» Subscribe Today!
More of what you want to know.
The Daily News

Forgot your password?
TDN Services
Research millions of people and properties [+]
Monitor any person, property or company [+]

Skip Navigation LinksHome >
VOL. 132 | NO. 150 | Monday, July 31, 2017


Bill Dries

Last Word: 'Secular Stagnationists', CRE's Big Year in Memphis and Lakeland Prep

By Bill Dries

Print | Front Page | Email this story | Email reporter | Comments ()

Protests over the weekend in Martyr’s Park and at the federal prison facility in Mason, Tennessee for those rounded up in the ICE – Immigration and Customs Enforcement -- raids here in Memphis that began a week ago. Latino Memphis is also offering legal advice to those who believe they may be caught up in the new push. There are also several efforts to support families that find mothers and/or fathers in federal custody in the sweeps. And over the weekend, Memphis Police issued an arrest warrant for a bounty hunter who turned up on YouTube video in an apartment complex with a large Latino tenant base wearing some kind of badge and vest.

The family of Ismael Lopez is calling for a U.S. Justice Department investigation into the death of Lopez in a shooting last week by Southaven Police. Attorney Murray Wells, who represents the family, says Lopez had a gunshot wound to the back of his head when police opened fire in what appears to have been a police raid on the wrong house. Lopez was not wanted on any warrants, but a neighbor across the street was. Wells said earlier it appeared police opened fire through the front door of the Lopez house. The Mississippi Bureau of Investigation is already conducting the probe into the shooting.

Here is where things were among our representatives in Washington as the weekend began – no clear idea what is next with the defeat of “skinny repeal” in the Senate, with both of Tennessee’s Senators voting for it. And a viral rant by Cong. Steve Cohen on the investigation into Russian influence. With the August recess, Cong. David Kustoff is speaking in the city this week and there will be renewed protests in the Memphis part of his district calling for a town hall meeting with constituents.

David Waddell, CEO and chief investment strategist of the financial firm Waddell & Associates, says Washington’s new style of dysfunction has given us a “status-quo economy.” Waddell specifically citing an “extremely impotent, dysfunctional legislative process.” A couple of terms you will find in our story – “reflationists” and “secular stagnationists.”

It took a long time to get to the year in commercial real estate the Memphis area is currently having. And seven months into that year, industrial real estate is the name of the game with the other CRE sectors following. It couldn’t have been more than two years ago that we were talking about the lack of new spec industrial development as well as office. Here’s our survey of CRE in the region – the cover story by Patrick Lantrip in the latest edition of our weekly, The Memphis News.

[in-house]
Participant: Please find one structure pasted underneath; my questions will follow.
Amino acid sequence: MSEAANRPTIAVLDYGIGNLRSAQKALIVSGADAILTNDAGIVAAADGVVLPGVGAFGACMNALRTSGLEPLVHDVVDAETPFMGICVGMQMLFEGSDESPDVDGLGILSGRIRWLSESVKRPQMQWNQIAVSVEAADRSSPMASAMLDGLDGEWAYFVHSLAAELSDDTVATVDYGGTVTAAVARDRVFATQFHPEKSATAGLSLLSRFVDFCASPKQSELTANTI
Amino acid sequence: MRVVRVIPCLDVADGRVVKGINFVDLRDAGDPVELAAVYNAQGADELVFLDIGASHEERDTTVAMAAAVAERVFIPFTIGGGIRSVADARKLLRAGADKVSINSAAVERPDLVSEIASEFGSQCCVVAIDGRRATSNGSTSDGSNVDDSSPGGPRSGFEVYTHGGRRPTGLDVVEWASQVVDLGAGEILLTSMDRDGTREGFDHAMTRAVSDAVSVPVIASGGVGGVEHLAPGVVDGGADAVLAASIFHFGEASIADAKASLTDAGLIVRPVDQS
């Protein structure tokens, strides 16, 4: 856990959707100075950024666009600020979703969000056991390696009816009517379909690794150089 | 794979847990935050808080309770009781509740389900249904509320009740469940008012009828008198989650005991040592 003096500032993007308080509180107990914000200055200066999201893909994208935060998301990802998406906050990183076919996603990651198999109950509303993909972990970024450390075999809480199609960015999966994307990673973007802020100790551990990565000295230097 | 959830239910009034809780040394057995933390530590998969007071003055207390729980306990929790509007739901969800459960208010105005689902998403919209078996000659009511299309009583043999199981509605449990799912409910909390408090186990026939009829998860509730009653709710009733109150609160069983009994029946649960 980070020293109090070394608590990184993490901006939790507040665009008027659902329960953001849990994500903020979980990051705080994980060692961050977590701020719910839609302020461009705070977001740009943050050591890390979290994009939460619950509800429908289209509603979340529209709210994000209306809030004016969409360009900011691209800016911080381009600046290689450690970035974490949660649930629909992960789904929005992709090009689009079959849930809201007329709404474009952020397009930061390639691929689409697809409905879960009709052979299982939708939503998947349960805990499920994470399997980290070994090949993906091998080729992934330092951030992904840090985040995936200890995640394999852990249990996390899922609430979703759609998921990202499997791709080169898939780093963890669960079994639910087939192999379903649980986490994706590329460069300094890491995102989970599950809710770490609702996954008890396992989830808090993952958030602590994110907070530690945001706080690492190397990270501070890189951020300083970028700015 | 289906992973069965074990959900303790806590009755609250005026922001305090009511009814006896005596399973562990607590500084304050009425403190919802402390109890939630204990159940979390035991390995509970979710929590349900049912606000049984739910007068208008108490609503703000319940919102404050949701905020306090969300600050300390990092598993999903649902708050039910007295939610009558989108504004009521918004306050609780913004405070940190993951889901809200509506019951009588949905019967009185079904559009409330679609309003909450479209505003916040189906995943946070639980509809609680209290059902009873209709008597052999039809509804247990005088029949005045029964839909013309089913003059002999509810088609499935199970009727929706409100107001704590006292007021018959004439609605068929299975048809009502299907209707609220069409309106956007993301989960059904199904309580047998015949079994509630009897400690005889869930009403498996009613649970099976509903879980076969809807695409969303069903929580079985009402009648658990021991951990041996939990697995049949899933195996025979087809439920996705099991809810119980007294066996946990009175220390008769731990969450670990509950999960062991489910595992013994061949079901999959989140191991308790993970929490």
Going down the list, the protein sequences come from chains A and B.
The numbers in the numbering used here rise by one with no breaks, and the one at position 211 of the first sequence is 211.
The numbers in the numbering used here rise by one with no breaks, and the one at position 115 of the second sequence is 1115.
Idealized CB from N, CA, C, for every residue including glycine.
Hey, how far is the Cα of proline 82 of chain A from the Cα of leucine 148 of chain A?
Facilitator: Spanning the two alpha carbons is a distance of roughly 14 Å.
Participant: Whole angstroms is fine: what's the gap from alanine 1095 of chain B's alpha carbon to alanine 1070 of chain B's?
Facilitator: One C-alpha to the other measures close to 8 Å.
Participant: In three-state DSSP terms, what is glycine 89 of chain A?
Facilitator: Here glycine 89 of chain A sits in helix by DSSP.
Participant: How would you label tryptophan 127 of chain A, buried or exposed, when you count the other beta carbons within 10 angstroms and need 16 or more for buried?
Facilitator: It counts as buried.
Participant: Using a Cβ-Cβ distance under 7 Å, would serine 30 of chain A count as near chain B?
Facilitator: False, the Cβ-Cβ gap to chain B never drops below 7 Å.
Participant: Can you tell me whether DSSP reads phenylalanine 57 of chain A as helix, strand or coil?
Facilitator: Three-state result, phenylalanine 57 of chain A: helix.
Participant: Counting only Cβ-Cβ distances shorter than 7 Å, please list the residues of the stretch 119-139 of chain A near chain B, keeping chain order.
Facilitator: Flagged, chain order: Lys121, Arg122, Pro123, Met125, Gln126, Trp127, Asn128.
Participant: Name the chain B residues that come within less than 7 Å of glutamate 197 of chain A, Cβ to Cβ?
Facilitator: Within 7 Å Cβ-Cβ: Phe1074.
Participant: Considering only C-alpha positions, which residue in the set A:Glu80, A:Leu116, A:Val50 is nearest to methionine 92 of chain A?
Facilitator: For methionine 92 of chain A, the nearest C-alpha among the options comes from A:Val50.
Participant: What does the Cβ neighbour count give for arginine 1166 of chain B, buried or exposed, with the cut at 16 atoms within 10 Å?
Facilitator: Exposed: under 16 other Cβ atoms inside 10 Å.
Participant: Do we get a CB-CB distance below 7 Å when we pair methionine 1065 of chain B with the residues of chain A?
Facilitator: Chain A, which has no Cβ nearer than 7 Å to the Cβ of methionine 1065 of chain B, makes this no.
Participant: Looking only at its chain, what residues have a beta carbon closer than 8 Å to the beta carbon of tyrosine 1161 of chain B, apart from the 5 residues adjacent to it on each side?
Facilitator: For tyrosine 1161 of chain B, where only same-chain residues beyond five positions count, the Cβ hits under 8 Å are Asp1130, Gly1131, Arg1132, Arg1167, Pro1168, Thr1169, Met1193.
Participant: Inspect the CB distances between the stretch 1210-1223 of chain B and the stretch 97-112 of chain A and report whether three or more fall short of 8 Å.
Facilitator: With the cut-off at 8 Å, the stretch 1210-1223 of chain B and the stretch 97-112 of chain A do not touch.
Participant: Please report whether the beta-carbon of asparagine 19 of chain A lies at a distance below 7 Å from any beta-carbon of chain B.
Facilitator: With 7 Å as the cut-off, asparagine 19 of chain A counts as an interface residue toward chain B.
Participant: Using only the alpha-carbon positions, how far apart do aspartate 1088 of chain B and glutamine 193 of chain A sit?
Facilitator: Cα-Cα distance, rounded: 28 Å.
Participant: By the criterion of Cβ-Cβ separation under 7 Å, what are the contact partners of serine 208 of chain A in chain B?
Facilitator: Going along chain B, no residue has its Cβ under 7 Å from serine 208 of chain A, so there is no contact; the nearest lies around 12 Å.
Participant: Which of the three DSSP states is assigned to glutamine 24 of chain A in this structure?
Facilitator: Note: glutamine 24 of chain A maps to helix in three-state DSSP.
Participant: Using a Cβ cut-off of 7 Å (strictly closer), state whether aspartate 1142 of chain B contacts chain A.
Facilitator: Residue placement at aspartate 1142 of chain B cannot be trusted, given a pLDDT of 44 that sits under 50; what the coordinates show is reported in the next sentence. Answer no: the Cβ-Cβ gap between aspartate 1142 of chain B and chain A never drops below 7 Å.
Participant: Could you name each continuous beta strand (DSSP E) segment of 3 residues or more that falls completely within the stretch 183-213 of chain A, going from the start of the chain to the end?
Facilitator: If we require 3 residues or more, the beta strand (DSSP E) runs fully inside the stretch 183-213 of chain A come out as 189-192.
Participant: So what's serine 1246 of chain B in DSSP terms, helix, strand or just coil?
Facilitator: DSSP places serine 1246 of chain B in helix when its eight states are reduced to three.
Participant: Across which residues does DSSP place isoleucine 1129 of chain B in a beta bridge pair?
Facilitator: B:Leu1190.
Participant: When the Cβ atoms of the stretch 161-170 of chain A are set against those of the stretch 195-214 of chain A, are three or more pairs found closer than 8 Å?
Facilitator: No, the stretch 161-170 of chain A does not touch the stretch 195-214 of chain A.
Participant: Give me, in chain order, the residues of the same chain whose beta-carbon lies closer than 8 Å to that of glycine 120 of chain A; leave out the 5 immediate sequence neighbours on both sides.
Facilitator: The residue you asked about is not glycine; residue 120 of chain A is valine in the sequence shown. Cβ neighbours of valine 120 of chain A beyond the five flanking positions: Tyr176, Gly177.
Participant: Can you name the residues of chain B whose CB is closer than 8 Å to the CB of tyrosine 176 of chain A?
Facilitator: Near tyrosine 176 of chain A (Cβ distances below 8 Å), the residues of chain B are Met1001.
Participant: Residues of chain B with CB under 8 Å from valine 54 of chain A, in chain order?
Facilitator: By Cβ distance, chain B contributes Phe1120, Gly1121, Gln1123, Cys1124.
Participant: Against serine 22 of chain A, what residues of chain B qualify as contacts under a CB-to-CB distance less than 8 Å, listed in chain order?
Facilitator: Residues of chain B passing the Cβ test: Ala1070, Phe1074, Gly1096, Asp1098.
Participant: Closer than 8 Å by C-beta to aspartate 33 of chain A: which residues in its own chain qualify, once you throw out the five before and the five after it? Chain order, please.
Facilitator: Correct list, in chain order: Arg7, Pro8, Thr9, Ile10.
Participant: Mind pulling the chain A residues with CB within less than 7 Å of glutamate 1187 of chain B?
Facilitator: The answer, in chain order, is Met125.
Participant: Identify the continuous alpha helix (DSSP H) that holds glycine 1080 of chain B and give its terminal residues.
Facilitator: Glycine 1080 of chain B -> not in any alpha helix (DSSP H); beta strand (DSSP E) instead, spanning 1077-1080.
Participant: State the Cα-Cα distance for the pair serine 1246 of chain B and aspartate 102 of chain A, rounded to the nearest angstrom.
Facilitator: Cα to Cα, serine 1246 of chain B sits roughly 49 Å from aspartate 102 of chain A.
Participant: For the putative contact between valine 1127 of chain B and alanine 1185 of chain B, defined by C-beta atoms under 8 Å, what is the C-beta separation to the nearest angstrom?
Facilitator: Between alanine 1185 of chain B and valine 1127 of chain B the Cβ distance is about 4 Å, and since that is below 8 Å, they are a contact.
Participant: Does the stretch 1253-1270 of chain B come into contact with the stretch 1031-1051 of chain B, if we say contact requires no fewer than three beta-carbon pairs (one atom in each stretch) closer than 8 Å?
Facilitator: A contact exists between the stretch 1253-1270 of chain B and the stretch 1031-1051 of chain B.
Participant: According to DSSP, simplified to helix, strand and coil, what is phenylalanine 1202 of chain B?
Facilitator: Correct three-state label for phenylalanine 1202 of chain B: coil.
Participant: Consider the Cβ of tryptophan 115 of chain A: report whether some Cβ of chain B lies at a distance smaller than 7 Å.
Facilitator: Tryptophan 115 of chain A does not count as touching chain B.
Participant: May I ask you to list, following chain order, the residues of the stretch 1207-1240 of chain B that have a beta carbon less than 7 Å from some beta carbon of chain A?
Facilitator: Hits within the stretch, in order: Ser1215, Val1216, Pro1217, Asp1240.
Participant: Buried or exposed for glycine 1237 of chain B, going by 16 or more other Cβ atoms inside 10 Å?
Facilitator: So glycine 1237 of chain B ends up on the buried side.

Is a charter school approved by Shelby County Schools with the intention of opening Downtown still an SCS charter if it decides to open instead in Bartlett? That is the question posed by the decision of charter operator Gateway University with a week until the opening of the new school year. More to come on this.

Lakeland Middle Prep School had its formal opening Sunday on Canada Road north of Highway 70 and drew several hundred parents and children to the new $20 million school. And Lakeland Mayor Wyatt Bunker says a new high school without a tax increase is his administration’s new number one goal.

So in this last week before the school year begins there is plenty going on.

Meanwhile Foote Homes has started to come down in advance of the rebuild of South City.

From Tigers basketball summer play Kareem Brewton says he loves contact even if it is with teammates at this point.

A cover story from our Nashville weekly, The Ledger, all about whether children should play football and it includes the NFL’s recently appointed chief medical officer, Dr. Allen Sills, who is a professor of neurological surgery and orthopedic surgery at Vanderbilt University Medical Center. Sills says there is “a lot of room for rule changes and for technique enforcement.” And here is more background on Sills.

More reaction from Memphis City Council members as the week begins to the coming of Instant Runoff Voting or Ranked Choice Voting. Lots of questions and concerns about the city charter amendment approved by voters in 2008.

Meanwhile, in Cincinnati Wednesday, the 6th U.S. Circuit Court of Appeals holds a hearing on Tennessee’s Constitutional amendment stating there is nothing in the constitution that “secures or protects a right to abortion or requires the funding of an abortion.” The 2014 amendment also empowers the Legislature to “enact, amend or repeal” statutes on abortion. The issue in the court case is how votes were counted and how many votes are required to pass such an amendment.

The latest on renovations at the First Tennessee Building Downtown, which have now moved to the 8th floor but still some scaffolding up in the lobby, which shouldn’t stop you from seeing the art collection on display there including the huge Tennessee mural that dominates the bank’s main branch.

The Memphis News Almanac: Selling the Peabody, The Race to the Top of the Tallest Building in The City, Streetcar Fare Goes Up and Bob Miller at the Top of the Charts.

PROPERTY SALES 62 288 2,619
MORTGAGES 52 197 1,783